they might stay under the protection of the Spanish flag; and indeed their ship if she should be sold out of their possession into honest hands or leave all her armament and munitions of wra, laying aise all pretenseions to being a war vessel or a privateer of the so-called Confederate States or of anybody else, returning really and honestly to her former condition of a merchant steamer, might perhaps be liable to capture by the Navy of the United States but she might then be repaired in Cadiz without contravening the royal decree of June 17. But the necessary condition of this would be that she should never again go out of a Spanish port as a privateer or armed vessel in any sense.
Much conversation took place at this interview, not directly refering to this subject, upon the state of the question between the United States and England upon the condition of the armed conflict in the interior of the United States upon the poisition of the United States in the question of San Domingo and the general disposition of that Government toward Spain and of Sapin toward the United States.
As I arose to go I said, "Well, to return to our matter of the corsair steamer it would indeed be sad if two Governments so sincerely desirous to maintain good relations as the United States and Spain should not be able to undertand each other practically on such a question as whether the Sumter should be repaired in a Spanish port or not. "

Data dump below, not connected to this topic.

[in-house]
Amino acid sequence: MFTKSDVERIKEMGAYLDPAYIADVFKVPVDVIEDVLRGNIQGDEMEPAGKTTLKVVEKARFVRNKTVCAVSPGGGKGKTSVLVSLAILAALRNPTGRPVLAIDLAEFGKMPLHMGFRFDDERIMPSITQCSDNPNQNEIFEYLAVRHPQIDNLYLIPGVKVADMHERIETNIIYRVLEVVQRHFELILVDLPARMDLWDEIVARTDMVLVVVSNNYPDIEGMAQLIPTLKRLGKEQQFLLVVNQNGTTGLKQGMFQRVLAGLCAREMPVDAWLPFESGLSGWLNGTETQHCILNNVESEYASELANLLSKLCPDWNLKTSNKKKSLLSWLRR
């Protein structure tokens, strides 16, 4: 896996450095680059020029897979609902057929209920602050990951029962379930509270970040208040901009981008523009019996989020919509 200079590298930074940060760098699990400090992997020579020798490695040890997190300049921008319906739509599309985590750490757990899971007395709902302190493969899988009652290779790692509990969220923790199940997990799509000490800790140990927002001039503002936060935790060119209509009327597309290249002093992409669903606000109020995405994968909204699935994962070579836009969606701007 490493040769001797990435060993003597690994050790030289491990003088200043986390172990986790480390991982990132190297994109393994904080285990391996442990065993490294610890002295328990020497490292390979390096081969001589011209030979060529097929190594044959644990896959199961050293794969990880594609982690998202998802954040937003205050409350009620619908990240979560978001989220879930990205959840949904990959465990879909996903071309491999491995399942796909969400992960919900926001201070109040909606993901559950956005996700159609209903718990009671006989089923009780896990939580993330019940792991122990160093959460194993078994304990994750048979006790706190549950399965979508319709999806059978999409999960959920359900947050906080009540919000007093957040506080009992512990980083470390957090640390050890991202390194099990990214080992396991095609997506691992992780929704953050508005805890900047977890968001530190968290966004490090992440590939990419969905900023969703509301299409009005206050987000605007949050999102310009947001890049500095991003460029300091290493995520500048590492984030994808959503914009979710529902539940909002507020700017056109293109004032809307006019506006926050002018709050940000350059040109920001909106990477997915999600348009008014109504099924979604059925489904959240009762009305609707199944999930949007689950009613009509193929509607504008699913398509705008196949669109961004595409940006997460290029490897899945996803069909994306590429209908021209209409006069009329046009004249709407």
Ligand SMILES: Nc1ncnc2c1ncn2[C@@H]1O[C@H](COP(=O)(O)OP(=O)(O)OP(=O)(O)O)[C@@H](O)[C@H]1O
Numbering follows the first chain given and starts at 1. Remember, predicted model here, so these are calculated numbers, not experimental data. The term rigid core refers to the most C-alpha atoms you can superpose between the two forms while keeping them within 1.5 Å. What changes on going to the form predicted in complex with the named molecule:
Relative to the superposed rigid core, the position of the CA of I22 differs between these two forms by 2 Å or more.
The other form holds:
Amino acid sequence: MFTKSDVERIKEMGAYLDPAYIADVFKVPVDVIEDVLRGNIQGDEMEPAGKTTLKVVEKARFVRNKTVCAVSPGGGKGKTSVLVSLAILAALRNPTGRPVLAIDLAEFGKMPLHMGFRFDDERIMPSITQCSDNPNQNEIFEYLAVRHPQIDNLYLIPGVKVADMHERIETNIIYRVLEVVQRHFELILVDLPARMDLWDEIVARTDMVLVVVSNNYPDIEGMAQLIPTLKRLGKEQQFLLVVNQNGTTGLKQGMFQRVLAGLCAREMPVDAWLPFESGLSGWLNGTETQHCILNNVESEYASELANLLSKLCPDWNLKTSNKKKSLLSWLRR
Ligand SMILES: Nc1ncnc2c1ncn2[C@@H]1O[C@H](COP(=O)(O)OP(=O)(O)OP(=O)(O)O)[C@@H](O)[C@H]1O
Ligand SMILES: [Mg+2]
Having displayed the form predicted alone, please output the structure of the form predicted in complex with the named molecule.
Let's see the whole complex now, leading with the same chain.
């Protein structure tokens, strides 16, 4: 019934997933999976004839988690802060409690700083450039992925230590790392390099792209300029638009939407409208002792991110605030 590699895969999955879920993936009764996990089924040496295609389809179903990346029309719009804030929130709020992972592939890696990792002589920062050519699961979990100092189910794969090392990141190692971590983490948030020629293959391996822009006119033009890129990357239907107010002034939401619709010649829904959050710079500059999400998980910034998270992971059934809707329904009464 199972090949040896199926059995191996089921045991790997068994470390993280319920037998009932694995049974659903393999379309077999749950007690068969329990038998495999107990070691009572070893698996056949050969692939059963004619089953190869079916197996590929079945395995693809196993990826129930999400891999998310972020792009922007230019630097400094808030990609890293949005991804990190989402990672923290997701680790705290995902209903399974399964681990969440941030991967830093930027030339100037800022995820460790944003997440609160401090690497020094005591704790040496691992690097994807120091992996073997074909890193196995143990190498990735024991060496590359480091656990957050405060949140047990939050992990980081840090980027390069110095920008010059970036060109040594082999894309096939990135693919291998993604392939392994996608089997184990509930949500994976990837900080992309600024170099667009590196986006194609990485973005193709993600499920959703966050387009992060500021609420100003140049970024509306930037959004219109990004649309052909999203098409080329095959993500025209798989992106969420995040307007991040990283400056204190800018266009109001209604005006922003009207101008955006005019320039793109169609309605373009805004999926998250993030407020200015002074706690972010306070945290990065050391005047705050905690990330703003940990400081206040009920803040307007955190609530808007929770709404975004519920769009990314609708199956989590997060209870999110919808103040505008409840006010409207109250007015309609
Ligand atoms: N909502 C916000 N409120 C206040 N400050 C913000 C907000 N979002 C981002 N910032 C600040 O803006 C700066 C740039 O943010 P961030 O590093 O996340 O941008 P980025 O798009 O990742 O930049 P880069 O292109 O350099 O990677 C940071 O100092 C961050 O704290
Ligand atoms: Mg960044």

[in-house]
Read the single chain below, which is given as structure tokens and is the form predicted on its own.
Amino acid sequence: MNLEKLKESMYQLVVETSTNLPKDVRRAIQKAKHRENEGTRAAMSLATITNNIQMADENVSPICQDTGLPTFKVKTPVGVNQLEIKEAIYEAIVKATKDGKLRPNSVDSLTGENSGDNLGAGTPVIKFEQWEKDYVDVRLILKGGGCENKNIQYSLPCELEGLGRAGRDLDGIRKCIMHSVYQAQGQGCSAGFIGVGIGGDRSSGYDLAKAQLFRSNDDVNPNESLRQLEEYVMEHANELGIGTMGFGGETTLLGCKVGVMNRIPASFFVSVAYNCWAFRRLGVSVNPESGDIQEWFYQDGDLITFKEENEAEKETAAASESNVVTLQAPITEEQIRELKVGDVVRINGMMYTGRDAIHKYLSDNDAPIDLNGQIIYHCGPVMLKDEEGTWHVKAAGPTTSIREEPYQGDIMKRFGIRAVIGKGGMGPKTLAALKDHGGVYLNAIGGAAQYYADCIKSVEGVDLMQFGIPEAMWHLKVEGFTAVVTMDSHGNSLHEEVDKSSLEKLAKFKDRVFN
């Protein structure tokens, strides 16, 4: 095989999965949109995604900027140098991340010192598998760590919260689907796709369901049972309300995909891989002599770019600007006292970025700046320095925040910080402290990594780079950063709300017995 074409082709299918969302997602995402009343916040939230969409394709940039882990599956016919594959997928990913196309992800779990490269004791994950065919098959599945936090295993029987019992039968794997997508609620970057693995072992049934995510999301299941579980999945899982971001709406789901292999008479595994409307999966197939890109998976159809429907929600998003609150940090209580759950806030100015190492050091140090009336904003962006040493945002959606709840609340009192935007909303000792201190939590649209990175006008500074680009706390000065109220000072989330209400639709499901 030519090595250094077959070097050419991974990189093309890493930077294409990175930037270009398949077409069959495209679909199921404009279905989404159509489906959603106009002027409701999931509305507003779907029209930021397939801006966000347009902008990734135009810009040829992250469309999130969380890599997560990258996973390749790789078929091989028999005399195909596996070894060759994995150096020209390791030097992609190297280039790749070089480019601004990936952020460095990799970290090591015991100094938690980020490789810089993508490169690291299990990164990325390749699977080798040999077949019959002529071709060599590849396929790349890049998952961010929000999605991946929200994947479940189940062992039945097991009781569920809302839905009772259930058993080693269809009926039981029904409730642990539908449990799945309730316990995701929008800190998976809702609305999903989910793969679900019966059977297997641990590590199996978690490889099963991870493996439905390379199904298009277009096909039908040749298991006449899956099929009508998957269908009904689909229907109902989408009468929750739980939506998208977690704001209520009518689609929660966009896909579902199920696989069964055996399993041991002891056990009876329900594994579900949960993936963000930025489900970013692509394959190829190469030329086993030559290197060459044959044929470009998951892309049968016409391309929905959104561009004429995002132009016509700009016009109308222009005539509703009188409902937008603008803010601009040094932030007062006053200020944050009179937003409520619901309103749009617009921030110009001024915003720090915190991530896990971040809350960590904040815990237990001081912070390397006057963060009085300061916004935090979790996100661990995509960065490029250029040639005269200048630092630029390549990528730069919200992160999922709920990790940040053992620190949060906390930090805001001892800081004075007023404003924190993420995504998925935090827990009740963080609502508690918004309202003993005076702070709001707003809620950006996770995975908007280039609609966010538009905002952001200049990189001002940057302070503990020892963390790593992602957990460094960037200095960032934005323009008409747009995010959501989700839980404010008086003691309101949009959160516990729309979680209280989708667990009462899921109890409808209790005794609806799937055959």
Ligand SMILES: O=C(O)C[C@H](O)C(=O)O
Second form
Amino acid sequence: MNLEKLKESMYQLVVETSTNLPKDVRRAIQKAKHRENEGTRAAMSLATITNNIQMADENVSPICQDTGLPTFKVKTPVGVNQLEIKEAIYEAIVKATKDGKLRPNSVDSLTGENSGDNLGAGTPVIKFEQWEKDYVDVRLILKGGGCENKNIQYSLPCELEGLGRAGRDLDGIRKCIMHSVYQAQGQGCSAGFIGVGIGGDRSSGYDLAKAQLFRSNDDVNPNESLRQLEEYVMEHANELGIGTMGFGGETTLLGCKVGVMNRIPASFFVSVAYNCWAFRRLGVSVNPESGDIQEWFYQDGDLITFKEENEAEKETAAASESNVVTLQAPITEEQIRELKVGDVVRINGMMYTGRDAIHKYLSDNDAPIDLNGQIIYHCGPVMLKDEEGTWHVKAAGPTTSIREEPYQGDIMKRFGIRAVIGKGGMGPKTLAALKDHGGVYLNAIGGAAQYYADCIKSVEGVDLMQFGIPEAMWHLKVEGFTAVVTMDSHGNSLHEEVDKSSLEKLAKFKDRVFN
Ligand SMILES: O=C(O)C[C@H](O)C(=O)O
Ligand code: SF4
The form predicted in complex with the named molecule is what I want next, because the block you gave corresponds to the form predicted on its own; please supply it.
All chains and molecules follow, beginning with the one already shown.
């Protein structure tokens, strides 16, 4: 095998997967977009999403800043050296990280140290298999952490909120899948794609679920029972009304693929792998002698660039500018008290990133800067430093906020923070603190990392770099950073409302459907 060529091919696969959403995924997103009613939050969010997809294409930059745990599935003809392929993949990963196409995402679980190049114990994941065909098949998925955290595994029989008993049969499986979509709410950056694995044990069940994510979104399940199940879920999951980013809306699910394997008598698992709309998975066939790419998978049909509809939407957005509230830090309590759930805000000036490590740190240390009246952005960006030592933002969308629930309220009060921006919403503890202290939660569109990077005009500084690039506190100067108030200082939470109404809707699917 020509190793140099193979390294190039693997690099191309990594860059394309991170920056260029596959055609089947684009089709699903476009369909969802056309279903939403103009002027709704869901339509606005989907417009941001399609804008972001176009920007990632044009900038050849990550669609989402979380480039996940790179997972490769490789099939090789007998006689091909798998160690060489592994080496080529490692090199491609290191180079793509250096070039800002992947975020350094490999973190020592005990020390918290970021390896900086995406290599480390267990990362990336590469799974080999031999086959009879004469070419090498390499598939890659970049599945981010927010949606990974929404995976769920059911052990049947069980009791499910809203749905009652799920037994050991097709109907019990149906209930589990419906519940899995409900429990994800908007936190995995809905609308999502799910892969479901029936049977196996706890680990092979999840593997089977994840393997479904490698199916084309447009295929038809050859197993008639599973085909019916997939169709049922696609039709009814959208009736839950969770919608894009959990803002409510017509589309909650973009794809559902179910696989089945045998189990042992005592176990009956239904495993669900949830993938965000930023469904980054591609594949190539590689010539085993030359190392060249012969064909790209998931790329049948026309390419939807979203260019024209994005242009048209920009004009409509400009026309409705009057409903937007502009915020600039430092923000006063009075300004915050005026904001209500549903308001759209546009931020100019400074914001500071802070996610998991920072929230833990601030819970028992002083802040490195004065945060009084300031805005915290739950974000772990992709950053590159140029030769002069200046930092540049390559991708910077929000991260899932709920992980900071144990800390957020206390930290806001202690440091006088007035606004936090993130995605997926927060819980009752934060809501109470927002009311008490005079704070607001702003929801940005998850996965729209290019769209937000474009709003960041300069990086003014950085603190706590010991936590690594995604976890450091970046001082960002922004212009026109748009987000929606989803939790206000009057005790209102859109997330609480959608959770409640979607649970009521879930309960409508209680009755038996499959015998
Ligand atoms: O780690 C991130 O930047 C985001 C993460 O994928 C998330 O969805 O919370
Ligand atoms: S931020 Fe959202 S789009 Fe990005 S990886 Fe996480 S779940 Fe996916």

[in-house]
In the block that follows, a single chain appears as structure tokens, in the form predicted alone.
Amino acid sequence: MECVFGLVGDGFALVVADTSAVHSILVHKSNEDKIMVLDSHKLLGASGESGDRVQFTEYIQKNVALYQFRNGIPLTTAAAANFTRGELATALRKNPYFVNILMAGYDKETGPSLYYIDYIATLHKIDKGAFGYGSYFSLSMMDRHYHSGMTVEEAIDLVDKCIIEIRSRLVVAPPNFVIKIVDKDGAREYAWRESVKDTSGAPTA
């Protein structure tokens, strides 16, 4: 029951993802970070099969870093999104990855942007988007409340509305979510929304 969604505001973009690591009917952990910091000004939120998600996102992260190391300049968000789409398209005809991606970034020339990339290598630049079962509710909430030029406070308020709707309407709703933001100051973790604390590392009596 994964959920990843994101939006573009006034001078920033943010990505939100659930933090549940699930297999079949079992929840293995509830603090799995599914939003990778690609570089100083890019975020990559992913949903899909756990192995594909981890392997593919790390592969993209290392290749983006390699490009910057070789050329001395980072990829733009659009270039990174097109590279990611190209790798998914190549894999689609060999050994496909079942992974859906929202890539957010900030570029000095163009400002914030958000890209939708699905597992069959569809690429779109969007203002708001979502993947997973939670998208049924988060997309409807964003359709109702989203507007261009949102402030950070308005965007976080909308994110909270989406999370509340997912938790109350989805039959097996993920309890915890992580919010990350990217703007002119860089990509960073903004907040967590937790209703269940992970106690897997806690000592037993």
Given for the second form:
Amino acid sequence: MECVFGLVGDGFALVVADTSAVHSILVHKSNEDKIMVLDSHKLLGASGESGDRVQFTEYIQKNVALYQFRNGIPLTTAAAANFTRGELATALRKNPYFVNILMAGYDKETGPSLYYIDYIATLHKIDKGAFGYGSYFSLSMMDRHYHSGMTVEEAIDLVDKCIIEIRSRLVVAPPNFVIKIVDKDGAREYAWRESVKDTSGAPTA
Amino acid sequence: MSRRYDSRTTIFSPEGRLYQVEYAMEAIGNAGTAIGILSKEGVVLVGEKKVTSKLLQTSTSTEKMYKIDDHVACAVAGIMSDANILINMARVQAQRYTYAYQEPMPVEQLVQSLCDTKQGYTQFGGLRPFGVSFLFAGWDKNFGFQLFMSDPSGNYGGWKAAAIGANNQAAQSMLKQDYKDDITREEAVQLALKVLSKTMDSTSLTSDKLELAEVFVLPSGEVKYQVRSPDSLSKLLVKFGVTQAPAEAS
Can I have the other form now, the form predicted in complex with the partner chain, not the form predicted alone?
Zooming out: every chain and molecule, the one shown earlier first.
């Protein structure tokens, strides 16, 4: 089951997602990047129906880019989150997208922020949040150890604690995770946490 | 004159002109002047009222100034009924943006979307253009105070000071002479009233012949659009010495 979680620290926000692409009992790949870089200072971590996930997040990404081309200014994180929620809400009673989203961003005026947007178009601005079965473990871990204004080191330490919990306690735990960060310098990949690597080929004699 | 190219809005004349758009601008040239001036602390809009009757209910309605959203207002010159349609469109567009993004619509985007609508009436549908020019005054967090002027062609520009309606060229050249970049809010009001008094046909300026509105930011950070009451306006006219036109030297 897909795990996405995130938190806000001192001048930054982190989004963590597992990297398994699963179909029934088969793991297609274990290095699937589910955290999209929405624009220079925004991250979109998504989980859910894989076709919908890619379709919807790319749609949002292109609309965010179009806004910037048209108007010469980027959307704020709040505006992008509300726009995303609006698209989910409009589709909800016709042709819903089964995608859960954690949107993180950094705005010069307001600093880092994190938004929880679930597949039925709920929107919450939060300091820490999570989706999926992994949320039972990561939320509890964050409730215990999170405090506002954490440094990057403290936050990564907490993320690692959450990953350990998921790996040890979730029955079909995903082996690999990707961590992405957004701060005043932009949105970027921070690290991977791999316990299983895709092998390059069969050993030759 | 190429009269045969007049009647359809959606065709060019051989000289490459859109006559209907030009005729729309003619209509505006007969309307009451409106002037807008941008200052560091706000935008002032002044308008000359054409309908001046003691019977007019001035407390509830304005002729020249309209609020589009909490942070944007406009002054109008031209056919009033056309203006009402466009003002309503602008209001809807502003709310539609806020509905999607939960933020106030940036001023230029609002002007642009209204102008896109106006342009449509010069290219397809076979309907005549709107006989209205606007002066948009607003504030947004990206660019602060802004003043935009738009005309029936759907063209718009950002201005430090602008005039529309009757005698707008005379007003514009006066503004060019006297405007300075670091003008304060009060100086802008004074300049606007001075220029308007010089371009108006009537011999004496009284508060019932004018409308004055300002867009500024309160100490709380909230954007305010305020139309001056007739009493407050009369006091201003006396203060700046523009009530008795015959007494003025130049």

Mr. Calderon would certainly give me credit personally for the most earnest desire to remove every cause of difficulty or complaint, and it was with this view only I took the course I did in this matter. I was well aware this was for sapin rather an embarrassing question than one of importance, but knowing the feeling of my own Government I could not allow the repairs upon the Sumter to be proceeded with without warning him of the manner in which that course would certainly be regarded at Washington.
He had already seen my telegraphic instructions to the consul at Cadiz, which I hoped would be sufficient; but if not I should feel called upon under my general instructions to solemnly protest against the whole proceeding, reserving for my Government to take such ulterior measures as it might think the case to require when the Pre informed of all the circumstances. Mr. Calderon, however, interrupted me saying that I could not yet protest; that the Government had only ordered a survey of the condition of the Sumter to be made by their officers to see what was her true state; that the papers would not be here until to-day or to-morrow; that the Government in view of all the data whichits authorities should transmit would then consdier the question and he (Mr. Calderon) would then reply to my notes of the 6th and 8th instant; that then I might protest if I shoul see cause but not until then. He (Mr. Calderon) was clear upon one point, that the vessel as a vessel could be repaired, but the subsequent question whether she could again sail from Cadiz as an armed privateer was what must be decided. I immediately assured Mr. Calderon that I was in no haste to do anything except to maintain a perfect good intelligence and the most pleasant relations between this legation and her Majesty's Government.
The manner of the minister throughout this interview was that of a person sincerely desirous to avoid cause of difficulty between the two Governments and the whole interview was marked by a frank and friendly tone on the part of both interlocutors.
On leaving I cordially shook hands with Mr. Calderon hoping that a meas would be found to avoid every casue of complaint. On returning to my house I found the telegram announcing that our consul had